Leave it to Lost to broadcast an episode titled "There's No Place Like Home" (the mantra Dorothy must repeat, while clicking the heels of her ruby slippers, to get back to Kansas) on May 15, the birthday of L. Frank Baum, author of the Wizard of Oz series of books. Henry Gale, as you may remember, is Dorothy's uncle in the movie version of the Wizard of Oz, and the alias by which Ben Linus first introduces himself to the survivors of Flight 815. Anyway, as we go into the final two hours of the season (the week after next), the Losties seem closer to rescue than they've been since the crash. Spoilers follow.

  • The flashfowards showing the return of the Oceanic 6 and what happens to them in its immediate aftermath are the center point of "There's No Place Like Home." Lots of other stuff happened, to be sure, but after four seasons' worth of episodes, seeing the O6 actually arriving back in the US was the money shot, in my book.
  • On their way back to Hawaii after their "rescue," the Ocean 6 look dazed as Jack reminds them to get their story straight. Little do they know that their pilot's got his lucky rabbit foot's out because he thinks they're bad mojo — though from the looks on their faces, they might well agree. Whatever happened to separate the O6 from the rest of the survivors of Oceanic 815 has clearly been traumatic. On the tarmac after landing, everybody gets reunited with their loved ones except for Kate, which may help to explain how bonded she becomes with Aaron — there's nobody else in her life.
  • Loved how Hurley brings Sayid — neither of them know Nadia is waiting for him outside — over to meet his family. Who, of course, have a big tropical-island-themed welcome home party planned for him. I don't what was best about the party: Hugo hearing island-style whispering and preparing to brain somebody with Jesus ... who is not a weapon ... or apologetically telling the O6 that his mom "really doesn't get" why a tropical-island theme is not such a good idea. We also get to see how the numbers still haunt him (the beginning of the "madness" which puts him back in the mental hospital?) when they show up on the gauges of the newly restored Camaro.
  • Old habits die hard: Hugo's got a Mr. Cluck bag in hand as he walks up to the mansion before the party.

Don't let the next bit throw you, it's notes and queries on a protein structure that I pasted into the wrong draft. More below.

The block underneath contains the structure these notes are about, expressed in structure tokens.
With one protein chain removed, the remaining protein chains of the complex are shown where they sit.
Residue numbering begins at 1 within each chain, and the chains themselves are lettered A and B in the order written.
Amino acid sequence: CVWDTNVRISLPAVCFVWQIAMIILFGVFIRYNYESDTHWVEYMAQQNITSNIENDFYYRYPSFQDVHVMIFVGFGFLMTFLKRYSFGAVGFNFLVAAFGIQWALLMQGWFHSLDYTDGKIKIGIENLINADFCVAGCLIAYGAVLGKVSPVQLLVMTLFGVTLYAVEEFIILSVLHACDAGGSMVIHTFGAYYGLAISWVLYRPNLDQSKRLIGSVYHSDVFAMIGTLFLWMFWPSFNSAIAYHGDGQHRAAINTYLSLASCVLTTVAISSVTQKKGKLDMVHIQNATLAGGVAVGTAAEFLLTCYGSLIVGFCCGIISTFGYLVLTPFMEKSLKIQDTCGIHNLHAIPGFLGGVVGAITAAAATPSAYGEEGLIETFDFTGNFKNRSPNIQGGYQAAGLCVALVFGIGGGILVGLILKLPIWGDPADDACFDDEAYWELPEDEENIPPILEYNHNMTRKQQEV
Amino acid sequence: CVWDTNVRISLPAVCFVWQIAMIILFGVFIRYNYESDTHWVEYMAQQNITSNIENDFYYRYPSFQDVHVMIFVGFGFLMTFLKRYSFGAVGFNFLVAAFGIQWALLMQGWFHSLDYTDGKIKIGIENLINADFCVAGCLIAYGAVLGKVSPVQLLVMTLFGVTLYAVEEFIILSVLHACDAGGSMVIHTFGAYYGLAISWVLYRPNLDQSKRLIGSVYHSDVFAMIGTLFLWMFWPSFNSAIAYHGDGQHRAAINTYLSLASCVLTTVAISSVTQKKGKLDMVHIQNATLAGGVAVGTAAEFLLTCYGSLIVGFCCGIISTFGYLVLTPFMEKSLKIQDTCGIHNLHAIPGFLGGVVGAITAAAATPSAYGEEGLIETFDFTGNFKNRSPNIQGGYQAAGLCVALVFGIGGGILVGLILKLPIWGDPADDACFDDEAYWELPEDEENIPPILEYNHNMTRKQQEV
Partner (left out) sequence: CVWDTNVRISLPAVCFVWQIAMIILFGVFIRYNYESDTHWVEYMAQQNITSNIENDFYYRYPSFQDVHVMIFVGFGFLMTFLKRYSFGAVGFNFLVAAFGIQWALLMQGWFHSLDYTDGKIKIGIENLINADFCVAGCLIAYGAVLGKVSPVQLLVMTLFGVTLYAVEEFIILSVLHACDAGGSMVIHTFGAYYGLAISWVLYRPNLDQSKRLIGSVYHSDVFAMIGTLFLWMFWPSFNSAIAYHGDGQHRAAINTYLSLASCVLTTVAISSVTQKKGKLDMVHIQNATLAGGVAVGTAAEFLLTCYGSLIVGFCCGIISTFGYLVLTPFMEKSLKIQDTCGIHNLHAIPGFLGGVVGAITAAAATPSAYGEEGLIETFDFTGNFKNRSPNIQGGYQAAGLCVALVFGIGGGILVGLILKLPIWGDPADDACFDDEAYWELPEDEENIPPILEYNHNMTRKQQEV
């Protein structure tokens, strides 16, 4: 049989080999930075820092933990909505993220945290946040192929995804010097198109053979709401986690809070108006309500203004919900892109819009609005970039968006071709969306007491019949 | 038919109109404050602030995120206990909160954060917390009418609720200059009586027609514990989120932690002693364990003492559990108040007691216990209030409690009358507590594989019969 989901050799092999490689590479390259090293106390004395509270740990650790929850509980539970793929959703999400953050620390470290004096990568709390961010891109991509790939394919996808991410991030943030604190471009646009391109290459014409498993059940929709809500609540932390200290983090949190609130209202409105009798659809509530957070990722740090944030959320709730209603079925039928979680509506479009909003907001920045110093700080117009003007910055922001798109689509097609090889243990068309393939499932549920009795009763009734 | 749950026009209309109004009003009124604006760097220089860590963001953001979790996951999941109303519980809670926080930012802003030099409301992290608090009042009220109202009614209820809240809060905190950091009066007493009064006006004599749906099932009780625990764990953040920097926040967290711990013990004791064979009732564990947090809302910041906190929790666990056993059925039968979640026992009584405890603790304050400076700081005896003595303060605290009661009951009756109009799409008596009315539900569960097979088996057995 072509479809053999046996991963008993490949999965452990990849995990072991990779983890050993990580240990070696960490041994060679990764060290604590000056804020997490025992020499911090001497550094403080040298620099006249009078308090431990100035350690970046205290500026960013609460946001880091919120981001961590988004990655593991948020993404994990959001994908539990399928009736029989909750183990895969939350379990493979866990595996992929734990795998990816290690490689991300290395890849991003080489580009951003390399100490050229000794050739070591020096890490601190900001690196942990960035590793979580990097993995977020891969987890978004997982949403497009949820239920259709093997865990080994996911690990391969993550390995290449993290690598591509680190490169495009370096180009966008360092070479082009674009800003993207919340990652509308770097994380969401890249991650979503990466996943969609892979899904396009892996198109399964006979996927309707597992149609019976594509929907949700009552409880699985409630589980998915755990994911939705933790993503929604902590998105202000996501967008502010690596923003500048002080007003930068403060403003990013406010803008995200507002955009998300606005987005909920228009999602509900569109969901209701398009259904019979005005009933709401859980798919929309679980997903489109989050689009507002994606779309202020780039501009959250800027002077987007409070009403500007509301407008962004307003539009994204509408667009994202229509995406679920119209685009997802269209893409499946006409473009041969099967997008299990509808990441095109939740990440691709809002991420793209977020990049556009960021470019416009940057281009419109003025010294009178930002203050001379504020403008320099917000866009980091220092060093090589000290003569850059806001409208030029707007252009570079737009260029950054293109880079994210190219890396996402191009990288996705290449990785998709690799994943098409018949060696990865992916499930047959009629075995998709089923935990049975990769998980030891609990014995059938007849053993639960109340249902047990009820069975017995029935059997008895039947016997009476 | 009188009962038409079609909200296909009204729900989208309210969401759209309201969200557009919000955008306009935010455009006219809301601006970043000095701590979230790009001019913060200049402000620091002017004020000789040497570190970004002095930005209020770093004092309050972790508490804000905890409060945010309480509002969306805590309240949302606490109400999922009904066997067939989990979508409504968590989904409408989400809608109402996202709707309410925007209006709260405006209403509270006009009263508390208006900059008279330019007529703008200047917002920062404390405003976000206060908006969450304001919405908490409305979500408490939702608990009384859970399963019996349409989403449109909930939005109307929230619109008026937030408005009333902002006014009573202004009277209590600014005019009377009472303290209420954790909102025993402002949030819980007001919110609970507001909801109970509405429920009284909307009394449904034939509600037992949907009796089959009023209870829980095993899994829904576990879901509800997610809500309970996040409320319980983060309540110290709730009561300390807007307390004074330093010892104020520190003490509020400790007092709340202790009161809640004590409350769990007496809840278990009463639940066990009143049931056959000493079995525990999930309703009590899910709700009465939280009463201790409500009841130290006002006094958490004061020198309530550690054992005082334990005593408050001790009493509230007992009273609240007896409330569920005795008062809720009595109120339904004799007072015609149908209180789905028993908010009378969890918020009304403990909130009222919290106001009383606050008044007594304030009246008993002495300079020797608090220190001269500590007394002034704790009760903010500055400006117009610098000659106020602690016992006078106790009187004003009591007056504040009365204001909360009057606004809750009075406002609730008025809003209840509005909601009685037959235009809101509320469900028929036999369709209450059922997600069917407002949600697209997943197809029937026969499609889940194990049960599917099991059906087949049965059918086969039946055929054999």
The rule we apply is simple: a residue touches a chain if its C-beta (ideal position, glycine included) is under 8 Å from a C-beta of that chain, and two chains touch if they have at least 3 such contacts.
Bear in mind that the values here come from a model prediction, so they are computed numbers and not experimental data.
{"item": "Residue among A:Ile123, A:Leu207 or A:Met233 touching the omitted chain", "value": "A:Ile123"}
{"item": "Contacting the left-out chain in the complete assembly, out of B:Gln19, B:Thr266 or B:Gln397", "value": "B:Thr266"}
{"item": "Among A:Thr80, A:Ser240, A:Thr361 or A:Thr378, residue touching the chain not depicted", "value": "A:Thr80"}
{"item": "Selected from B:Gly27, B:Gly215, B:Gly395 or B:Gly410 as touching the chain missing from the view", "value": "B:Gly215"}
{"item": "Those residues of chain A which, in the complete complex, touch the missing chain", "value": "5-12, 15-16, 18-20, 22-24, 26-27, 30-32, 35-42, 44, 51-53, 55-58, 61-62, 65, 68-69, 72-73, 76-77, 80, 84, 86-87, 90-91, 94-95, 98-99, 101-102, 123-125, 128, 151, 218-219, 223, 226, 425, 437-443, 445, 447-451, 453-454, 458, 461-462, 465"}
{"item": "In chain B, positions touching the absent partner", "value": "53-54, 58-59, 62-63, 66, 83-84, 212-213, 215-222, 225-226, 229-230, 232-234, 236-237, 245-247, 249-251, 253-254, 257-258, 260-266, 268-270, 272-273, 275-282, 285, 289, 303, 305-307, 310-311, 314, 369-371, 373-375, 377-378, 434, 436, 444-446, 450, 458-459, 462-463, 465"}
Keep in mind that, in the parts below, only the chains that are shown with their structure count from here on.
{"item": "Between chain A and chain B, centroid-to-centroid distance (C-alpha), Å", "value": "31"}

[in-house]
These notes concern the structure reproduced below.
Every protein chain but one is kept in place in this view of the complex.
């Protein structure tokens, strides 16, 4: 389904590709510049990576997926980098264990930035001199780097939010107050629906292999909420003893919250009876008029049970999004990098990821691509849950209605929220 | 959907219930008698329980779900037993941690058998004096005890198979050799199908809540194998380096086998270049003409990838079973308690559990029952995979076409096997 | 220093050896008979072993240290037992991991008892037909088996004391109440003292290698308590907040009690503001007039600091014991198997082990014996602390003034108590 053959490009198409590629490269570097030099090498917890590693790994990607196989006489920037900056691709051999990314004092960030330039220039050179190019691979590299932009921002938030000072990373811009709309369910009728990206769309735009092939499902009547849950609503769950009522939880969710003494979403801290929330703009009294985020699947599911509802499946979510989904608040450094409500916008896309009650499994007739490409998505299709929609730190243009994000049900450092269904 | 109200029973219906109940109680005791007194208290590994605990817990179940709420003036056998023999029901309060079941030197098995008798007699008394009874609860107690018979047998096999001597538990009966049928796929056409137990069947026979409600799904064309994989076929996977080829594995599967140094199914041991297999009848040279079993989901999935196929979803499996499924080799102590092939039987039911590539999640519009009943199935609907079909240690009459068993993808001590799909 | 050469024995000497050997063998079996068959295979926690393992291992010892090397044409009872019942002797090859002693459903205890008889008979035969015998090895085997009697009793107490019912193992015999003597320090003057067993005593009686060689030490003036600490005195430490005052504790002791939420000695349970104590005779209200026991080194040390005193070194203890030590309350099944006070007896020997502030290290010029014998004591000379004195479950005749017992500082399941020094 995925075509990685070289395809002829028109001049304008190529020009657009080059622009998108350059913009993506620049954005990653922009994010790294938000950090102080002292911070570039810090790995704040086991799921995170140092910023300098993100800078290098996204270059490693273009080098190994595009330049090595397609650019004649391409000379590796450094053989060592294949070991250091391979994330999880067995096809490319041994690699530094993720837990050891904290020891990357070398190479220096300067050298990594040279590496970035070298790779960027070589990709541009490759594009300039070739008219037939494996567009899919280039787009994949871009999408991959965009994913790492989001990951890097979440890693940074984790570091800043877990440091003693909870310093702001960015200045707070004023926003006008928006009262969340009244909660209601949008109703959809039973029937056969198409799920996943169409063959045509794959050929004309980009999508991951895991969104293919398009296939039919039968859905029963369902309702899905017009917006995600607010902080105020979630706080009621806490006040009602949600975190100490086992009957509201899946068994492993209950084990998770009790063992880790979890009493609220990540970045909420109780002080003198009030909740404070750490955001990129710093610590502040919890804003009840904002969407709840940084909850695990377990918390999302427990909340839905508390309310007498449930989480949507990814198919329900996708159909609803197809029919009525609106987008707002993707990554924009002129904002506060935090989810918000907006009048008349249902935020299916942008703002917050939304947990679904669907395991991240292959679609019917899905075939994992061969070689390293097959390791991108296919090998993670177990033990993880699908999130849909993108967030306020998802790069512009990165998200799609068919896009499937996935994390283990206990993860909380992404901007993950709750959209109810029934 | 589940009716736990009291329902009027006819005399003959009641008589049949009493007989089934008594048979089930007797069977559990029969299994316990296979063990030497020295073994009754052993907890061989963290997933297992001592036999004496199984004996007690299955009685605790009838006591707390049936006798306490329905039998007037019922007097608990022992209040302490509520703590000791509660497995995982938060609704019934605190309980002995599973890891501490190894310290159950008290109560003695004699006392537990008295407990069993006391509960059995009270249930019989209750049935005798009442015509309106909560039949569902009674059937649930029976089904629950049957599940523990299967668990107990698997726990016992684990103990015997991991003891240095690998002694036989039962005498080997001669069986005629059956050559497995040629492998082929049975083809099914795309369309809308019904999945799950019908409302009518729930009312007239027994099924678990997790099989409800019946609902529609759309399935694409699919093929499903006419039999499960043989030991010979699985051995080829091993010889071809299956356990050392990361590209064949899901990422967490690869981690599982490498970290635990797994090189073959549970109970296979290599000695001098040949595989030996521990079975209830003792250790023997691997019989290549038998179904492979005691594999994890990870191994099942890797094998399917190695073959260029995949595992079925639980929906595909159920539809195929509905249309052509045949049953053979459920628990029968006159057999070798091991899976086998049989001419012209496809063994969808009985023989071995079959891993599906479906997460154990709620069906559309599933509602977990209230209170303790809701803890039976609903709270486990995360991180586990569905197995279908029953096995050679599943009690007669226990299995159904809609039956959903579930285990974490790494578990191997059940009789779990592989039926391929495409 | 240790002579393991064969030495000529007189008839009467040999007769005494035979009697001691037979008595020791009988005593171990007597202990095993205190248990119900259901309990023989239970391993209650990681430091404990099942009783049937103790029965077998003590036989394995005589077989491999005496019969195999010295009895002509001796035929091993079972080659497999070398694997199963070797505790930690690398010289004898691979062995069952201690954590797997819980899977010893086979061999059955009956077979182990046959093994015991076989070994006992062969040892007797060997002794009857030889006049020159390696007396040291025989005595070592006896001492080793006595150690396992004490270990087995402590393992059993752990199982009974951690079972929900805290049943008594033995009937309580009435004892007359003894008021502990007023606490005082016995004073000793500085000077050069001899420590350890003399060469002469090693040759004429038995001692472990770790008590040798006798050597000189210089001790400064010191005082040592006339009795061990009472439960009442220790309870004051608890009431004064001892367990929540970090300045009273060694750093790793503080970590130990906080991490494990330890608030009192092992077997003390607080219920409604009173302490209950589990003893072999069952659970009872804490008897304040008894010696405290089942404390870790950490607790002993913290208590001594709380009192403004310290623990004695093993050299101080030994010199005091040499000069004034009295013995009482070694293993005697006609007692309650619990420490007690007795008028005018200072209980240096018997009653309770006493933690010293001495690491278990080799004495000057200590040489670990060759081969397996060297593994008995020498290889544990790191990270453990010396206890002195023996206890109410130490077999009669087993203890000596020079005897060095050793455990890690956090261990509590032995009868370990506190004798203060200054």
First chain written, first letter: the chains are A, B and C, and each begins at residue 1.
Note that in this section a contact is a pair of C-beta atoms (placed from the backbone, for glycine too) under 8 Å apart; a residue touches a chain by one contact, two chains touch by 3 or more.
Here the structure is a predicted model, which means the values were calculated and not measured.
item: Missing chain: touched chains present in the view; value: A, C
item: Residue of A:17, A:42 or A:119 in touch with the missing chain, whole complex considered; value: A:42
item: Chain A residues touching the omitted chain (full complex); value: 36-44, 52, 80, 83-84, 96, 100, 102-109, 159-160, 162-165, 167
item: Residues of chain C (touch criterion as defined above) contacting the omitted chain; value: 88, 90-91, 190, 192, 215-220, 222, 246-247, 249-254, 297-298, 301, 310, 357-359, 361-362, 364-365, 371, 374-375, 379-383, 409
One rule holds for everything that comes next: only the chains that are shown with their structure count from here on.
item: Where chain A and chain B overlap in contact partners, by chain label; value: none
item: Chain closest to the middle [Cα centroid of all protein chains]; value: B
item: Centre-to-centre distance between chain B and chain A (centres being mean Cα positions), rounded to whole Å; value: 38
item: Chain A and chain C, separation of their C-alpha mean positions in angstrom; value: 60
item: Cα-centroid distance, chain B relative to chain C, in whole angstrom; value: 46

• At the press conference which follows their return, the O6 practice their story in public — though it seems pretty clear that at least one reporter smells something fishy about Kate's story. After all, Aaron is enormous for a five-week-old baby, let alone one allegedly born three-months prematurely. It also means that Kate would have been pregnant while in federal custody, something her records probably don't mention. But of course, Ms. Austin's "legal issue" is off the table. I wonder, though, if the "Kate is Aaron's mom" theme might eventually prove to be the weak link in their cover story — especially after Claire's mom shows up at Christian Shephard's memorial service to tell Jack that Claire is his sister. (You know, I didn't think that last night's ep was that soapy, but boy, that sentence makes it sound otherwise.)
  • Sun gives up the dutiful daughter role with a vengeance, uses her settlement money to buy a controlling interest in her dad's company, Paik Industries, and takes the opportunity to tell him she blames him for Jin's death — or "death." I loved the look on Paik's face when he realizes his daughter's become that most awful of things: a powerful, non-submissive woman. Right on, Sun!
  • Some people think Sun blaming her father for Jin's death proves Jin really is dead—but I don't think it does. Sun can't break her cover story to say I hate you because my husband's stuck on the island. The story is he died — and she has to stick with it, hence the memorial stone, etc. I'm holding out hope that Jin's alive — but his proximity to the explosives on the freighter has me worried.
  • Speaking of the freighter, how "lucky" to be on the first Zodiac load off the island, only to discover your "safe haven" isn't so safe? And look who's onboard: Michael, the guy who sold you out.
  • Meanwhile, back on the island. Ben, Locke, and Hurley have reached the Orchid station, but Keamy and crew have beat them to it. Ben tells Hurley that moving the island is a dangerous and unpredictable measure of last resort. He also tells Hurley that the crackers he's eating out of the kit Ben retrieves from its hiding place are 15 years old, and since he's on a roll, he admits that he hasn't always been entirely truthful in the past. Widmore knows about the station, and he wants what's inside.
  • Richard (!!!) and a herd of Others capture Kate and Sayid—what do you want to bet they turn out to be the "good guys"?
The week after next, two hours. I've gotta say that strike-shortened Season 4 has been much more exciting than Season 3 — I hope the finale (I know this was hour one ... but it really felt like a standalone episode to me) lives up to expectations!